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Panic buying in Taiwan as new COVID-19 rules kick off | Coronavirus pandemic News

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Authorities say there is no need to hoard instant noodles or toilet paper after new COVID-19 restrictions trigger panic buying.

Authorities in Taiwan have appealed to people to avoid panic buying of items such as instant noodles and toilet paper as new curbs on gatherings and movement took effect to rein in the spread of COVID-19.

Taiwan raised its coronavirus alert level in the capital Taipei and the surroundings on Saturday, imposing two weeks of restrictions that will shut many venues and limit gatherings.

While total infections since the start of the pandemic remain low at 1,475, a recent spike in community transmissions have alarmed a population that had become accustomed to life staying close to normal, with no full lockdowns of the kind seen elsewhere.

In messages late on Saturday, the president, premier and economy ministry took to Facebook to say there was no need to hoard or rush to the shops, after people scrambled to stock up on basic goods, mainly instant noodles and toilet paper.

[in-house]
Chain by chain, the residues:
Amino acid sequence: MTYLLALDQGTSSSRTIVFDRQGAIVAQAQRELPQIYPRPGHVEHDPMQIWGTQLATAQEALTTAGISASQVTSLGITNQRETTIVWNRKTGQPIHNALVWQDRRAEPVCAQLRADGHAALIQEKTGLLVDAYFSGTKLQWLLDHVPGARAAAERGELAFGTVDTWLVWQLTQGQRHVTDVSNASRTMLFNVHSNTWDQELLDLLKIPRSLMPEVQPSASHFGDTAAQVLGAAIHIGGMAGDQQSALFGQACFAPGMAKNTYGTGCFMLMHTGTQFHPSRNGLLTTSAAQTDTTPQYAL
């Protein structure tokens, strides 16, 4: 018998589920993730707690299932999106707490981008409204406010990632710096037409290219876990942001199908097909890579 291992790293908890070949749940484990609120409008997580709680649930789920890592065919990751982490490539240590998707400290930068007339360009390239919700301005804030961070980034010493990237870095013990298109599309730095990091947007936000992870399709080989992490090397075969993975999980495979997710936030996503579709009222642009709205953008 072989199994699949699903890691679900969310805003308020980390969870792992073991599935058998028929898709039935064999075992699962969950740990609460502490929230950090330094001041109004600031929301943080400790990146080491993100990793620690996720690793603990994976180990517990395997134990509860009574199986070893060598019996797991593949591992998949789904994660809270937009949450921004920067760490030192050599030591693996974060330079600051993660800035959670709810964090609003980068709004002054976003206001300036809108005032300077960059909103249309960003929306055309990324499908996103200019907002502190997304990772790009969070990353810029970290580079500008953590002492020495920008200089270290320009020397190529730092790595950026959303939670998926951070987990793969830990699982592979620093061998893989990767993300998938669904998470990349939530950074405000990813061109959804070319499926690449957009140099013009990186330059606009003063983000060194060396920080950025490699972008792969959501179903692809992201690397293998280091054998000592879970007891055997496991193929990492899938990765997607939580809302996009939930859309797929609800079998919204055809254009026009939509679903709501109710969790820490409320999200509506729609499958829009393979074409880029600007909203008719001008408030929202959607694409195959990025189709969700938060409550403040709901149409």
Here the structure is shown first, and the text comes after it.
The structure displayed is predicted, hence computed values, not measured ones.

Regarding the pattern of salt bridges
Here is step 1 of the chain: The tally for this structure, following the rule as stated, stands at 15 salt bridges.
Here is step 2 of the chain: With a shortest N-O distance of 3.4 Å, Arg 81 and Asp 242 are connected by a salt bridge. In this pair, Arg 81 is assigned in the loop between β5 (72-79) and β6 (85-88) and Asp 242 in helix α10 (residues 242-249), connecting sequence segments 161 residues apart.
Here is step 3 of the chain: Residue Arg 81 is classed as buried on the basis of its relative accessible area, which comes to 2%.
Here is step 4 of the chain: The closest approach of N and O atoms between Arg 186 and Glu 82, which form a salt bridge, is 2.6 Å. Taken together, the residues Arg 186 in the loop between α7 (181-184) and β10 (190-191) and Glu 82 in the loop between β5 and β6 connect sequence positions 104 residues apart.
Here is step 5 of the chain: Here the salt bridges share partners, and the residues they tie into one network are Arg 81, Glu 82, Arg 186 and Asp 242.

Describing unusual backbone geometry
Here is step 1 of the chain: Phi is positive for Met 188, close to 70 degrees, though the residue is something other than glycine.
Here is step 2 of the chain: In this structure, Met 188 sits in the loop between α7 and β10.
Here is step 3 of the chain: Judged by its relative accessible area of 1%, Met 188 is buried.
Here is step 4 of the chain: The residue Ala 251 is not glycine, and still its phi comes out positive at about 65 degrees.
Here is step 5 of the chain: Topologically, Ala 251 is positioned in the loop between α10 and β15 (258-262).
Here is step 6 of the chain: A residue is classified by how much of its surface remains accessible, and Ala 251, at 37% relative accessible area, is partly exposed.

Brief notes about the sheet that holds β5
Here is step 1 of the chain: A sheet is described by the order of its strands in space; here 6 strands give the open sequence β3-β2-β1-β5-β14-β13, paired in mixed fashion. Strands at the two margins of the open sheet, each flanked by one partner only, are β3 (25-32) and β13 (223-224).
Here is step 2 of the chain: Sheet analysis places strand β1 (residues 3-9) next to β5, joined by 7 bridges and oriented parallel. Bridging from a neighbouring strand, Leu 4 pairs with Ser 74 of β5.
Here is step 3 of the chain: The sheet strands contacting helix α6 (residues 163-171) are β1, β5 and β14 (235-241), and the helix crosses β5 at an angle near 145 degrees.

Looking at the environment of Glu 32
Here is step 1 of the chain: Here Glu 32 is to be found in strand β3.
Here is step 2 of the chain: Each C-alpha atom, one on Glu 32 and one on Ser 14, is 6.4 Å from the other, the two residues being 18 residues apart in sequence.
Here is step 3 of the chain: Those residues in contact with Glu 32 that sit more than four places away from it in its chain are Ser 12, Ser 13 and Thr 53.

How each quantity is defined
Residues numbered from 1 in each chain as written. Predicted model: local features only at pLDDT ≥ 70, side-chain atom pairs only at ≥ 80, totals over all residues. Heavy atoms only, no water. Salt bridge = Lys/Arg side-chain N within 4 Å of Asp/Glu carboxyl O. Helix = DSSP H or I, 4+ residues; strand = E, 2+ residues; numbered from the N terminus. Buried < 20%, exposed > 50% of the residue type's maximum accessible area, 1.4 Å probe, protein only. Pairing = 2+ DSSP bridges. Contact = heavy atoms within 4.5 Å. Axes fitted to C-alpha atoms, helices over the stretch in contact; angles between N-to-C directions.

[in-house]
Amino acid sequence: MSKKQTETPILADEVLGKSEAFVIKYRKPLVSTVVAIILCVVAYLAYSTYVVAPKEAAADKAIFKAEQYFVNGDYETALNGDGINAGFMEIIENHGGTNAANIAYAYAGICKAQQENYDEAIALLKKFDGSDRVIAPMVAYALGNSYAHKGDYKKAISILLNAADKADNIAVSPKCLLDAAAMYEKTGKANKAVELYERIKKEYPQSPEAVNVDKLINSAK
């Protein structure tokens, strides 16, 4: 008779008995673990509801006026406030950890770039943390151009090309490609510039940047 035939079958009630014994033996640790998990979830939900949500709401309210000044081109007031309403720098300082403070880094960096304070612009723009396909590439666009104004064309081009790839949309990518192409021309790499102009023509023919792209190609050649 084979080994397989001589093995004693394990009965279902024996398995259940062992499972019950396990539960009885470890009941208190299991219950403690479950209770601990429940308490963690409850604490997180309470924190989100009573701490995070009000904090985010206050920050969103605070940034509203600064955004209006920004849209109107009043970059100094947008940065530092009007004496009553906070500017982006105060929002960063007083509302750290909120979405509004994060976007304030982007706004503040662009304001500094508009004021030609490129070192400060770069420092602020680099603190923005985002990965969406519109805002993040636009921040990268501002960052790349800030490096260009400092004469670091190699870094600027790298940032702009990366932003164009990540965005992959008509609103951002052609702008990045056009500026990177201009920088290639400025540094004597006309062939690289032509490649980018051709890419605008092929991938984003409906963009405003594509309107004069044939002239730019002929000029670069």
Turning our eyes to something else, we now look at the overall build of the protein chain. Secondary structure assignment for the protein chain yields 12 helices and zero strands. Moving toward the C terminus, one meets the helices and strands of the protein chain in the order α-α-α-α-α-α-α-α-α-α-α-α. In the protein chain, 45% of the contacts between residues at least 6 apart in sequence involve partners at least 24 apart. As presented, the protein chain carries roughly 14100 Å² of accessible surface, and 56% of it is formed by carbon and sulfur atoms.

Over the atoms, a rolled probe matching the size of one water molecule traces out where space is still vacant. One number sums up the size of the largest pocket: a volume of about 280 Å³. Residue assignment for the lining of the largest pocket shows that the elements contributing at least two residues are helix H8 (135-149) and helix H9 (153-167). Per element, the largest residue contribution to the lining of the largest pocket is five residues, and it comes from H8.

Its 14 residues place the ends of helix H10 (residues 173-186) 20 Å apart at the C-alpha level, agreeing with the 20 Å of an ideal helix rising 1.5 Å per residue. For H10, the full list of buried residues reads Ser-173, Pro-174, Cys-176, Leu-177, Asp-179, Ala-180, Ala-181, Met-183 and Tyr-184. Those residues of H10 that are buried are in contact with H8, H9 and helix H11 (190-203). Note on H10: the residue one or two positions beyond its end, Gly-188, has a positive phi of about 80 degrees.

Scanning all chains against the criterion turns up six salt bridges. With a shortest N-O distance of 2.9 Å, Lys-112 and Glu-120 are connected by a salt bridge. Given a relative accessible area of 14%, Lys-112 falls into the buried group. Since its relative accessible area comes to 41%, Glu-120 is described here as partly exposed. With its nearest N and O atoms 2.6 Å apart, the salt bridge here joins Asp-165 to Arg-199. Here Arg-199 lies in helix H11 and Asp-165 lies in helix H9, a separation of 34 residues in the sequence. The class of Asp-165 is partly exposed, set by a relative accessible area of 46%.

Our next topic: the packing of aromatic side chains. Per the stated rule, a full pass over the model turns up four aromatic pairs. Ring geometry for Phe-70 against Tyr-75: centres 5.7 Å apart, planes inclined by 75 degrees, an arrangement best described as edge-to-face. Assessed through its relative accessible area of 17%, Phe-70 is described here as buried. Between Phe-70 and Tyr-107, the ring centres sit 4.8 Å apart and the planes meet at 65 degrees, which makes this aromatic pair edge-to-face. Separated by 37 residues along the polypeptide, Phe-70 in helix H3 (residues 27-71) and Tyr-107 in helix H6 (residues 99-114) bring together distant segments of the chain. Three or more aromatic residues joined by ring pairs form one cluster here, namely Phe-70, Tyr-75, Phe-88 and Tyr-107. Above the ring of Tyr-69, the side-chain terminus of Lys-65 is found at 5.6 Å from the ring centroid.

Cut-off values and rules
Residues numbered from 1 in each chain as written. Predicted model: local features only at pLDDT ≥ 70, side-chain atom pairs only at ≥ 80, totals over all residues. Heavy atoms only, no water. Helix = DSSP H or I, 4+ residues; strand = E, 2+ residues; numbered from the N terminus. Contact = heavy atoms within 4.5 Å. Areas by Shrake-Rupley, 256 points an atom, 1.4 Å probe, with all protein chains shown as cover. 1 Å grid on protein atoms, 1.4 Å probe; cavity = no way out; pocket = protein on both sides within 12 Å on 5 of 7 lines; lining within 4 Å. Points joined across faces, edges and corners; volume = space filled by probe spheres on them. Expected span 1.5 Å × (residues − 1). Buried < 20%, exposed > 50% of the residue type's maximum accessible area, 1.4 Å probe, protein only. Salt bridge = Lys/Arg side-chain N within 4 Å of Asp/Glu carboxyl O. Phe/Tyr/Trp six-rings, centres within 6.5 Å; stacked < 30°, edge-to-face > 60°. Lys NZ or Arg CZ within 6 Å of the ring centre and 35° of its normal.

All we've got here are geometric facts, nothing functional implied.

“After more than a year of preparation, the country’s anti-pandemic materials, civilian goods and raw materials are sufficient, and the stores are also operating as usual to replenish goods,” President Tsai Ing-wen said.

French supermarket chain Carrefour said it was limiting purchases of items such as masks and instant noodles in its Taiwan stores, asking people to buy only what they need.

The economy ministry showed pictures of warehouses piled to the ceiling with boxes of instant noodles, saying supplies were “like a mountain” with plenty of toilet paper and canned food to go around as well.

Premier Su Tseng-chang made a similar appeal on his Facebook page. He triggered amusement early last year, during a previous rush for toilet paper, by saying people “only have one butthole” and should calm down.

While not ordering a total lockdown, the government is urging people to stay at home as much as possible.

The health ministry brought out its dog mascot, a shiba inu called Zongchai, to reinforce the message on social media.

“Study Zongchai and stay at home,” it said, showing pictures of the canine lying on the floor resting.

 



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